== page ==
Today, all of the houses on the left side of the photo are gone, and the lots are now used for parking. Smith & Wesson moved its factory to a different location in Springfield in the mid-1900s, and around the same time Milton Bradley moved to nearby East Longmeadow. Most of the Smith & Wesson buildings are gone now, except for the one in the distance of the 2015 scene. The Milton Bradley buildings are still standing, though, and along with the Smith & Wesson building they have since been converted into apartments.

Whip Factories on Elm Street, Westfield, Mass

Looking north on Elm Street in Westfield, toward the intersection of Franklin Street, around 1890-1895. Image courtesy of the Westfield Athenaeum.

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Elm Street in 2015:

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As mentioned in a previous post, Westfield was once the world’s leading producer in whips. When the first photo was taken, there were some 37 whip factories in the city, and by the start of the 20th century they combined to produce 99% of the world’s supply of whips. Two of these companies were photographed here; in the foreground to the right was the New England Whip Company, and just beyond it, in the much larger building with the tower, was Cargill, Cook & Co. Beyond these two factories were several other brick buildings, all of which were probably built around the 1870s or 1880s, just as Westfield’s whip industry was reaching its peak.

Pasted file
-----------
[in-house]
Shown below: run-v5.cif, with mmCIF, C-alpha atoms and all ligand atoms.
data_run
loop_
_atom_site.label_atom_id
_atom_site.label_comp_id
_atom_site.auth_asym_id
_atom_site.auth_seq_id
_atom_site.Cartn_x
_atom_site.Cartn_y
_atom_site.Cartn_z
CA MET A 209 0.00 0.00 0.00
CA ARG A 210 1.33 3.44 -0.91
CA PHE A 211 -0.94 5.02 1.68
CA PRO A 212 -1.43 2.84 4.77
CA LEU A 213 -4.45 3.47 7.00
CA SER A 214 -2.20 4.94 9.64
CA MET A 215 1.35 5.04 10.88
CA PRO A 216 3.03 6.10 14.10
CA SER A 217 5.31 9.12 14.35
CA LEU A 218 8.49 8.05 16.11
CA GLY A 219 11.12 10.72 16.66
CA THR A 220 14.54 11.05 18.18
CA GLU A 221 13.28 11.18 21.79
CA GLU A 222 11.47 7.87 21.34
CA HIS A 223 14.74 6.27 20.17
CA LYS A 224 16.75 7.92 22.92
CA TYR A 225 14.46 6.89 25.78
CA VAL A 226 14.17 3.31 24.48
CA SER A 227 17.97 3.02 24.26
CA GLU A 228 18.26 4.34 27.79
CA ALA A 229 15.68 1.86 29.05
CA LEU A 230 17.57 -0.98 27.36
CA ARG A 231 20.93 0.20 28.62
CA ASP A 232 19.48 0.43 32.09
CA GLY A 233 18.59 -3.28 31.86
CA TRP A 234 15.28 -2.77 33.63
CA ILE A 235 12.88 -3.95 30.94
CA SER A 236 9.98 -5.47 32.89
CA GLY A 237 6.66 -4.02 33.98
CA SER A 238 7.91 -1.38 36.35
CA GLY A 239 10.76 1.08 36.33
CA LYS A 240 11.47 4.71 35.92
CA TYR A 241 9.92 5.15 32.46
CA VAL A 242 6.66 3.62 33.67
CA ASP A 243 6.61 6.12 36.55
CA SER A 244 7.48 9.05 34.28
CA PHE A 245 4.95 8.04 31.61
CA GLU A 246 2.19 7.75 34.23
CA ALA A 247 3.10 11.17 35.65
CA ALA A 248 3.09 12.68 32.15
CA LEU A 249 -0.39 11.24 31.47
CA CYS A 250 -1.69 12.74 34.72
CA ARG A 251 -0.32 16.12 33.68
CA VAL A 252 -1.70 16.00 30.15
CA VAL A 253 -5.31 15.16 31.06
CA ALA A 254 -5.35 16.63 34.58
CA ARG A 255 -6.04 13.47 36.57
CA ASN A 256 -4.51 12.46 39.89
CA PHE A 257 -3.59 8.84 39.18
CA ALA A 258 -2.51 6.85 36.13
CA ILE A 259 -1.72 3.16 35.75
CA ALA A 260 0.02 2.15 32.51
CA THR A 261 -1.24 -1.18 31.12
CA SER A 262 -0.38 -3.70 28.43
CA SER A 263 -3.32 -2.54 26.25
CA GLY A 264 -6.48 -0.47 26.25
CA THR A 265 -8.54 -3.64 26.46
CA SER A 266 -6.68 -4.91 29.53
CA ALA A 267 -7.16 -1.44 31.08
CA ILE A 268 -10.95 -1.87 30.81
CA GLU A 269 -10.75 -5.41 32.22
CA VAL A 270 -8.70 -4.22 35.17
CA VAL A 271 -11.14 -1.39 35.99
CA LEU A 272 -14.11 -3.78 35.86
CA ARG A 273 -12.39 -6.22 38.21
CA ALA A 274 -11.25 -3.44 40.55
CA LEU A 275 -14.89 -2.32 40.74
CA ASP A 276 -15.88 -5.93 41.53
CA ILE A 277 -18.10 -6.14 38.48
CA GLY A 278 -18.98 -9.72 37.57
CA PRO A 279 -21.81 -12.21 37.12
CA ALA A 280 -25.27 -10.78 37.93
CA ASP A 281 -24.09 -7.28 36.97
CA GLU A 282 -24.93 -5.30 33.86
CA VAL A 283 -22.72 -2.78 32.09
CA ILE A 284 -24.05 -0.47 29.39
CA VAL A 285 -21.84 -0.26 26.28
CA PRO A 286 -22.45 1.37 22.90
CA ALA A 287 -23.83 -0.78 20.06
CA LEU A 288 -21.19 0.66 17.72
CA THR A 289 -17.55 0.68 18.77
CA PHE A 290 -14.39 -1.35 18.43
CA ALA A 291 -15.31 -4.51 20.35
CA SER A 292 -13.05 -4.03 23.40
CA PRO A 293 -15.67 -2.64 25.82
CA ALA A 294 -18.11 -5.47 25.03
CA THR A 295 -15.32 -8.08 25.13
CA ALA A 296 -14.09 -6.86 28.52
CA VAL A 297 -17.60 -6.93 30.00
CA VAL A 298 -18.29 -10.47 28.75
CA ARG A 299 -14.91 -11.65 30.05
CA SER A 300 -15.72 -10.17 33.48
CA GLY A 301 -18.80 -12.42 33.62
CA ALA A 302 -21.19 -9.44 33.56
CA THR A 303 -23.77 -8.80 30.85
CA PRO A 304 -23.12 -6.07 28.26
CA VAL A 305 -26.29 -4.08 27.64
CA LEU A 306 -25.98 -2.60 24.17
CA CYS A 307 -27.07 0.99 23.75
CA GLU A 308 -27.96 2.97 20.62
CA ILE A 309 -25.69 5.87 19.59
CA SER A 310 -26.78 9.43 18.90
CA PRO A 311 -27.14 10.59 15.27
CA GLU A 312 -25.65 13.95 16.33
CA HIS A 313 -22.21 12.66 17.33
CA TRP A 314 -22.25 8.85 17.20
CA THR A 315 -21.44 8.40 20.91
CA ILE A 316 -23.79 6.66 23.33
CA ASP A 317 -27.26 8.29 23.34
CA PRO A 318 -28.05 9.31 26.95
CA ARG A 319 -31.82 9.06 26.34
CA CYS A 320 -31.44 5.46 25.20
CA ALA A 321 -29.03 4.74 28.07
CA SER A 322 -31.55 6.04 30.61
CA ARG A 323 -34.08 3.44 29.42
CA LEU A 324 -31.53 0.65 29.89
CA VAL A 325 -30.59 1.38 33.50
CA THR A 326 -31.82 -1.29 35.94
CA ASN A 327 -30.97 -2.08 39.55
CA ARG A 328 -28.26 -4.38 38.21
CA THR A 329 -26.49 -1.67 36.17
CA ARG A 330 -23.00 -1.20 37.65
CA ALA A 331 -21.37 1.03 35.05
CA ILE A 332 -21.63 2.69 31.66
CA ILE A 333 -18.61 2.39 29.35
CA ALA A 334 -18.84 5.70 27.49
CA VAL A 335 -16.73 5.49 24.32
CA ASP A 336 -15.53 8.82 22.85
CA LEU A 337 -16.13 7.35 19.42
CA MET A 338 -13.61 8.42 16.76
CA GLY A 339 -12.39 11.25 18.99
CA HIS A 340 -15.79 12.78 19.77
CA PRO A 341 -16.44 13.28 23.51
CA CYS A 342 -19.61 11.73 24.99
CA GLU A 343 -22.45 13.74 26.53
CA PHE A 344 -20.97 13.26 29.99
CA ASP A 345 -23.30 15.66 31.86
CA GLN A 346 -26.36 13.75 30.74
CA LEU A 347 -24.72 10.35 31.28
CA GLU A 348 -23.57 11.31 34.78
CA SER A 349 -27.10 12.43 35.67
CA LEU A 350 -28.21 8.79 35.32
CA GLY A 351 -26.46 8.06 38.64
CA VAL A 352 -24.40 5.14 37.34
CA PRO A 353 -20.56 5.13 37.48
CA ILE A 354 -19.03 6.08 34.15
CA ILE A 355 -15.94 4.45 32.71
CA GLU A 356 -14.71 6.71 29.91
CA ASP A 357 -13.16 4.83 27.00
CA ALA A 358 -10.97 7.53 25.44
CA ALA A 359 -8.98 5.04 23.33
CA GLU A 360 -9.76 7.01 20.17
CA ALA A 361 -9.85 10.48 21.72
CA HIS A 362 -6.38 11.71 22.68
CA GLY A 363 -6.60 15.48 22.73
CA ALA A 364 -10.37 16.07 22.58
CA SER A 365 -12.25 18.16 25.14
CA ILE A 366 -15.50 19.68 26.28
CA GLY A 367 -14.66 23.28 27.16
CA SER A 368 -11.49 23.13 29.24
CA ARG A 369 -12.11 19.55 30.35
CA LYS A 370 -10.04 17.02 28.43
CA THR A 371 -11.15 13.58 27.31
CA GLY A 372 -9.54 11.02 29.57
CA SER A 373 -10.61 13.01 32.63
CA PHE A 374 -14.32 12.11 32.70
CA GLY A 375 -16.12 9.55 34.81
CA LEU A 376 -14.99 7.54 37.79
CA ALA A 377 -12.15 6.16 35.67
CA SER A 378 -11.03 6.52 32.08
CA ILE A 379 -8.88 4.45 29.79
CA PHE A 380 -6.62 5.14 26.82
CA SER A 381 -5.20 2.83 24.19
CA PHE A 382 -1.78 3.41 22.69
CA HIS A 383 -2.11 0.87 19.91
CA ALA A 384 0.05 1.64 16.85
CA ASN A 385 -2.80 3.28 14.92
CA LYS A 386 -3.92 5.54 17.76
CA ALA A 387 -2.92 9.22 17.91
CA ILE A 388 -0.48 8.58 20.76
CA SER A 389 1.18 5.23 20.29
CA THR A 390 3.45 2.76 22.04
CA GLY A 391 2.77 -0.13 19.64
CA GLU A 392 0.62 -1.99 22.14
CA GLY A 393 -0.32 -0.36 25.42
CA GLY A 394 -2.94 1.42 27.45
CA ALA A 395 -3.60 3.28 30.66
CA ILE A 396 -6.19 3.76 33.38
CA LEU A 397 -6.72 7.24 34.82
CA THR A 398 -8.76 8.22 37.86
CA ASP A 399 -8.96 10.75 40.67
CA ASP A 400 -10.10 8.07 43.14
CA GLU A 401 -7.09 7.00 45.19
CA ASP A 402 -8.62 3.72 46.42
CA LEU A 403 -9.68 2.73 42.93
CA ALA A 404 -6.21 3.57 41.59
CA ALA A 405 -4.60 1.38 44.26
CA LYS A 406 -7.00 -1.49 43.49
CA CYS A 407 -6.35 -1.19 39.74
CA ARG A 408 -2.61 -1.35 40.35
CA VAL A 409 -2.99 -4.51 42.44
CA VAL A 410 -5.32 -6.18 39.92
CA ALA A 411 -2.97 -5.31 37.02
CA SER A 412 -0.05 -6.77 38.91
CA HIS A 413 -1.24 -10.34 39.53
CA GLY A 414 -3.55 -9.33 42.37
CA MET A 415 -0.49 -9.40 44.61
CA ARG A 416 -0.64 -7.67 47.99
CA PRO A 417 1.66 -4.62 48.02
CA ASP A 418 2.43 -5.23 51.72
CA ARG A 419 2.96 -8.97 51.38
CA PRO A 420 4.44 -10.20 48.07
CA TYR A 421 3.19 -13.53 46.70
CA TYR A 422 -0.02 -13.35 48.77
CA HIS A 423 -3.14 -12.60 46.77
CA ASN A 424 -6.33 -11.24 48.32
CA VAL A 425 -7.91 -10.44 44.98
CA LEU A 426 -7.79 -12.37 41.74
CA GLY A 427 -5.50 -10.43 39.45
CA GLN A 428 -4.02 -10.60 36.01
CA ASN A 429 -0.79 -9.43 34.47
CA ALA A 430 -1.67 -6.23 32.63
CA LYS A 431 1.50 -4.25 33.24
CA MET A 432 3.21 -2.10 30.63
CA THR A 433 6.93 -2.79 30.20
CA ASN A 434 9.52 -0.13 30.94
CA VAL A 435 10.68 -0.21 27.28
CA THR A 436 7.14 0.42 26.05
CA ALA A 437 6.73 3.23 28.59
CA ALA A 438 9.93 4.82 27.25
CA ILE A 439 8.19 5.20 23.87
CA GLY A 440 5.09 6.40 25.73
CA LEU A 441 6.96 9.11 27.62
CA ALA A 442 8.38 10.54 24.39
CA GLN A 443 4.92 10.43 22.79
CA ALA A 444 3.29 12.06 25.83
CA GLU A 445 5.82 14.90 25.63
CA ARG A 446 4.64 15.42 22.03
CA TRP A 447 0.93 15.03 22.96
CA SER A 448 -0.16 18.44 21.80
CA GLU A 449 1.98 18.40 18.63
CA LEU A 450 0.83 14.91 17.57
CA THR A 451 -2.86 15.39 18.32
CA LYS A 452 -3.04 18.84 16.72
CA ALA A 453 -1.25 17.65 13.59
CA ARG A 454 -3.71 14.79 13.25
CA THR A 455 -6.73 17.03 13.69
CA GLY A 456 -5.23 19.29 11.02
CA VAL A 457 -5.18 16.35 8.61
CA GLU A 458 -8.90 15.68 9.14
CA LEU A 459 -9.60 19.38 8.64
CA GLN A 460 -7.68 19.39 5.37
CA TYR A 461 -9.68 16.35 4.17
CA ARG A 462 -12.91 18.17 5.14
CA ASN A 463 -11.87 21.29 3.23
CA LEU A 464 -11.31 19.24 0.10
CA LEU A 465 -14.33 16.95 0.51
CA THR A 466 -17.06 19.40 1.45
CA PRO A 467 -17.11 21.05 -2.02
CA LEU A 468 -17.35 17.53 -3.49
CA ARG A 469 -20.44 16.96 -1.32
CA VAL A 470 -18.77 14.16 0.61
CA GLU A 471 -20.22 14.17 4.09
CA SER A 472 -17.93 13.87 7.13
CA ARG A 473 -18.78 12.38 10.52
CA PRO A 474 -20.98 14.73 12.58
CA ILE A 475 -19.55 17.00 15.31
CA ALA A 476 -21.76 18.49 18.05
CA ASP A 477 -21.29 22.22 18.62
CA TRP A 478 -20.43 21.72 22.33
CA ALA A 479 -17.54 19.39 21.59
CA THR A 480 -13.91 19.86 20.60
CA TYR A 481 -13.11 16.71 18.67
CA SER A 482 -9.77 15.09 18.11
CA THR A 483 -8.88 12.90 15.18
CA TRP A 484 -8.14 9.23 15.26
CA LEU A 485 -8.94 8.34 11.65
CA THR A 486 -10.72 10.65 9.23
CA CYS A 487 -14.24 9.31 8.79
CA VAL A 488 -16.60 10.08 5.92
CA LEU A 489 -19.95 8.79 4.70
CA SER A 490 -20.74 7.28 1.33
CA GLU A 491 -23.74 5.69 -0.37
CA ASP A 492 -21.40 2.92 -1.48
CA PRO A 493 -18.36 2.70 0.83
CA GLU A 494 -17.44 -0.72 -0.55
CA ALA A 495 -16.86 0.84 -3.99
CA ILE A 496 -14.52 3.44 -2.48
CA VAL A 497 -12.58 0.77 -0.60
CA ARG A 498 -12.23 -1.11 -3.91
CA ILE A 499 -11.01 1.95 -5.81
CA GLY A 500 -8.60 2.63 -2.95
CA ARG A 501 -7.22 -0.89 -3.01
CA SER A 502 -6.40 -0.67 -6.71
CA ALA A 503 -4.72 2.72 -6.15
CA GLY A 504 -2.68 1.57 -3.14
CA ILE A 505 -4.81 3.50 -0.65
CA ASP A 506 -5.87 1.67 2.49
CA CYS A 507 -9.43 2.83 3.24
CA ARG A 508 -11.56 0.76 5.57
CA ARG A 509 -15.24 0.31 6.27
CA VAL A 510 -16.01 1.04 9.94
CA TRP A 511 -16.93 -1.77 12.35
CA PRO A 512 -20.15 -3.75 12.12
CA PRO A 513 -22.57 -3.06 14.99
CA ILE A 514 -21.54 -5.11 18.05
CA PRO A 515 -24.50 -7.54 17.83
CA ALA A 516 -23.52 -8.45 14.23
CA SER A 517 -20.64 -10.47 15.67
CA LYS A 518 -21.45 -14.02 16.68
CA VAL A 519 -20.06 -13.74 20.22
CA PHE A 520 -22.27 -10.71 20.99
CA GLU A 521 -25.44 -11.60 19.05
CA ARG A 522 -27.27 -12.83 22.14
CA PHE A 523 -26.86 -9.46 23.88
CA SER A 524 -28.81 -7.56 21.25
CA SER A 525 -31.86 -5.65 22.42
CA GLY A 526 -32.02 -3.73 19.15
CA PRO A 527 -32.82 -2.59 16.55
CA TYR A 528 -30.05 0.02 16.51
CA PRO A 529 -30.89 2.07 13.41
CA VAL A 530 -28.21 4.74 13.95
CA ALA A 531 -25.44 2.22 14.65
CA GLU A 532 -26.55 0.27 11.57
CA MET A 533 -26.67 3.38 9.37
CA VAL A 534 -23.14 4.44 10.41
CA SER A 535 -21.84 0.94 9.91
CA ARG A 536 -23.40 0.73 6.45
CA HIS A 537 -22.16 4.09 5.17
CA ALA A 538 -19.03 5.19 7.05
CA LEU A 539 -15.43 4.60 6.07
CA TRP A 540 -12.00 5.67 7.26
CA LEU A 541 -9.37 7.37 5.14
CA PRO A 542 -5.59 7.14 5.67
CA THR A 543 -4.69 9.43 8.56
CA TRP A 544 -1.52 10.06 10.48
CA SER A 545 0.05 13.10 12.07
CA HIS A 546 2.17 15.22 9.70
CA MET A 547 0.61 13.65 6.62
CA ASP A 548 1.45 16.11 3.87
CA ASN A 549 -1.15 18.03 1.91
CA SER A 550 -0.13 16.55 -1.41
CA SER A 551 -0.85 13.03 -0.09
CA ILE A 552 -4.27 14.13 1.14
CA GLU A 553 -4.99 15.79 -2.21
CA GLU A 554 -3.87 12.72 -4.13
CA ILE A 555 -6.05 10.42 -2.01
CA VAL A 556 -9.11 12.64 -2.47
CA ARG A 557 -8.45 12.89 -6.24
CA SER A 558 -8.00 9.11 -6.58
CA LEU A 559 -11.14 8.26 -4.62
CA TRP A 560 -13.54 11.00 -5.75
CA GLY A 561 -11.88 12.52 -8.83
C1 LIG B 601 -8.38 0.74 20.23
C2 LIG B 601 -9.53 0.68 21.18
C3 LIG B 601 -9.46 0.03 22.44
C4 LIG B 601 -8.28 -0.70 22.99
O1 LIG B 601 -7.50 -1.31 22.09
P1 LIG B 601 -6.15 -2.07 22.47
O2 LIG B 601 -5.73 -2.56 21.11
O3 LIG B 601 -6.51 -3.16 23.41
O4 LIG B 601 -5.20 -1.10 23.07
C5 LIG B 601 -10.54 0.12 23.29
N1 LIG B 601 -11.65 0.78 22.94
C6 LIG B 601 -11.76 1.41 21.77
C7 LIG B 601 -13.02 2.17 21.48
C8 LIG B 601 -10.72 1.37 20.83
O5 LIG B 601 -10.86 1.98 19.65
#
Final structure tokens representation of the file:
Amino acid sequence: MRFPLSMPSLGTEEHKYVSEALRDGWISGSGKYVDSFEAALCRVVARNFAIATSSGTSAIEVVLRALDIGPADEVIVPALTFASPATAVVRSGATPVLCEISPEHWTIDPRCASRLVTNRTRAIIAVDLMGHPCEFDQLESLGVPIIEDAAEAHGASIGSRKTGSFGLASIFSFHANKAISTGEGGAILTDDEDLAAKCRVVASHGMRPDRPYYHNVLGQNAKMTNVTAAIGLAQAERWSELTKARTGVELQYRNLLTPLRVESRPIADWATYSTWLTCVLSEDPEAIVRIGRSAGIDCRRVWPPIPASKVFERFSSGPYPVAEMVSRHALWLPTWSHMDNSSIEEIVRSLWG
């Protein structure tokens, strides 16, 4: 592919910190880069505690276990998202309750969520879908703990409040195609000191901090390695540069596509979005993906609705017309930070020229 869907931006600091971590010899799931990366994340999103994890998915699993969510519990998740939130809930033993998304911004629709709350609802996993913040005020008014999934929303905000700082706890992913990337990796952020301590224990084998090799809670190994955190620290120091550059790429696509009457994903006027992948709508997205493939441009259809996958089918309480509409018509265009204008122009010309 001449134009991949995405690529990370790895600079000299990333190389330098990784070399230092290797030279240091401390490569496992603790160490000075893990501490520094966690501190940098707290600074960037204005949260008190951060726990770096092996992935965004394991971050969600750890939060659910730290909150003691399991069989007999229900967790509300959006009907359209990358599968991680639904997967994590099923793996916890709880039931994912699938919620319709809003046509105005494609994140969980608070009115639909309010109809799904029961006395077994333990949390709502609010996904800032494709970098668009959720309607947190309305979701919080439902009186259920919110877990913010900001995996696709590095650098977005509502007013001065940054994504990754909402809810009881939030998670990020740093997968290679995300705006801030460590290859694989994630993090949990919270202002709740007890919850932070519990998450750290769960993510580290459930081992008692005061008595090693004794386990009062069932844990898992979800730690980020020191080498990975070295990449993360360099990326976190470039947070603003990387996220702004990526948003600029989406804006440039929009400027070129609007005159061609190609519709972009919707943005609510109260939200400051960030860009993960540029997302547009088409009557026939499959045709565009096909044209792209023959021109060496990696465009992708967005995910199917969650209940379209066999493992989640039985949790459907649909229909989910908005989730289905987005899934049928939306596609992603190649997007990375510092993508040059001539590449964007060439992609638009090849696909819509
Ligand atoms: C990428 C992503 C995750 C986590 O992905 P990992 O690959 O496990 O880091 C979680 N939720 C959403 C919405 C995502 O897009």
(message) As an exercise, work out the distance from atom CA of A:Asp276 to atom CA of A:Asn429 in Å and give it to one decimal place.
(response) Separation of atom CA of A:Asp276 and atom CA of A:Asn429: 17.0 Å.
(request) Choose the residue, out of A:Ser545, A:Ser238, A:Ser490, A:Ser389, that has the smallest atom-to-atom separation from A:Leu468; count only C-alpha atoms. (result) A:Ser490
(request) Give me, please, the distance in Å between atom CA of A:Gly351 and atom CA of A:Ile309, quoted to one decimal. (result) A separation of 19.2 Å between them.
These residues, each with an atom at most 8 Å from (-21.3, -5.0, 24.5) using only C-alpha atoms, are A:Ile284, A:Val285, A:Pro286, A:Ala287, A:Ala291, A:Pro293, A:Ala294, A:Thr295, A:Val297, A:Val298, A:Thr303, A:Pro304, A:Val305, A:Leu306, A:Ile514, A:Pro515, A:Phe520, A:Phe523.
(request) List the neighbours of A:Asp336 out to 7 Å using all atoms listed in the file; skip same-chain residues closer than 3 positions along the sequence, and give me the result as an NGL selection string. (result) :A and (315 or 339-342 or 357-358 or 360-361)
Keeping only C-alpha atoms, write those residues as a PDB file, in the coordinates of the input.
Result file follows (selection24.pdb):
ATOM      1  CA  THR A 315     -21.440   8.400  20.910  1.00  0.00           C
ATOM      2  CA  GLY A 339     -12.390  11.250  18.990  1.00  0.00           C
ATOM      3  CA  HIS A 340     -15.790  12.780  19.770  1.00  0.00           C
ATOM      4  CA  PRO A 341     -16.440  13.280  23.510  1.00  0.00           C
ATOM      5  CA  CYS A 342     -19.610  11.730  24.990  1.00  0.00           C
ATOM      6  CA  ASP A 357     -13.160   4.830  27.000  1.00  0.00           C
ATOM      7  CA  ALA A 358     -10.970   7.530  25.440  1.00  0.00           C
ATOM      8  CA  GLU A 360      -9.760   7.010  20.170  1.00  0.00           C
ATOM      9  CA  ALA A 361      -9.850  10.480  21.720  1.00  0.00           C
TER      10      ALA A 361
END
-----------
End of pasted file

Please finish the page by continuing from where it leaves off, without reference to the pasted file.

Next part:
The whip industry was a boon to the entire city, but the lack of diversity in Westfield’s economy was felt as the whip factories started closing in the early 1900s. Automobiles had largely replaced horse-drawn carriages, which meant little demand for the city’s whips. Some of the historic whip factory buildings were later repurposed and are still standing in Westfield, but the ones in the first photo have since been demolished, and there is now a gas station on the site. The Swift Building, a three story brick building barely visible at the far end of the row of buildings in the first photo, is the only one left from the 1890s view. Otherwise, the only surviving structure from the first photo is the railroad trestle in the distance. There have not been any trains along this track for many years, but the right-of-way is in the process of being converted into a rail trail.

Armory at Harpers Ferry, West Virginia

The ruins of the Harpers Ferry Armory, photographed in October 1862. Image courtesy of the Library of Congress, Civil War Collection.

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The scene in 2015: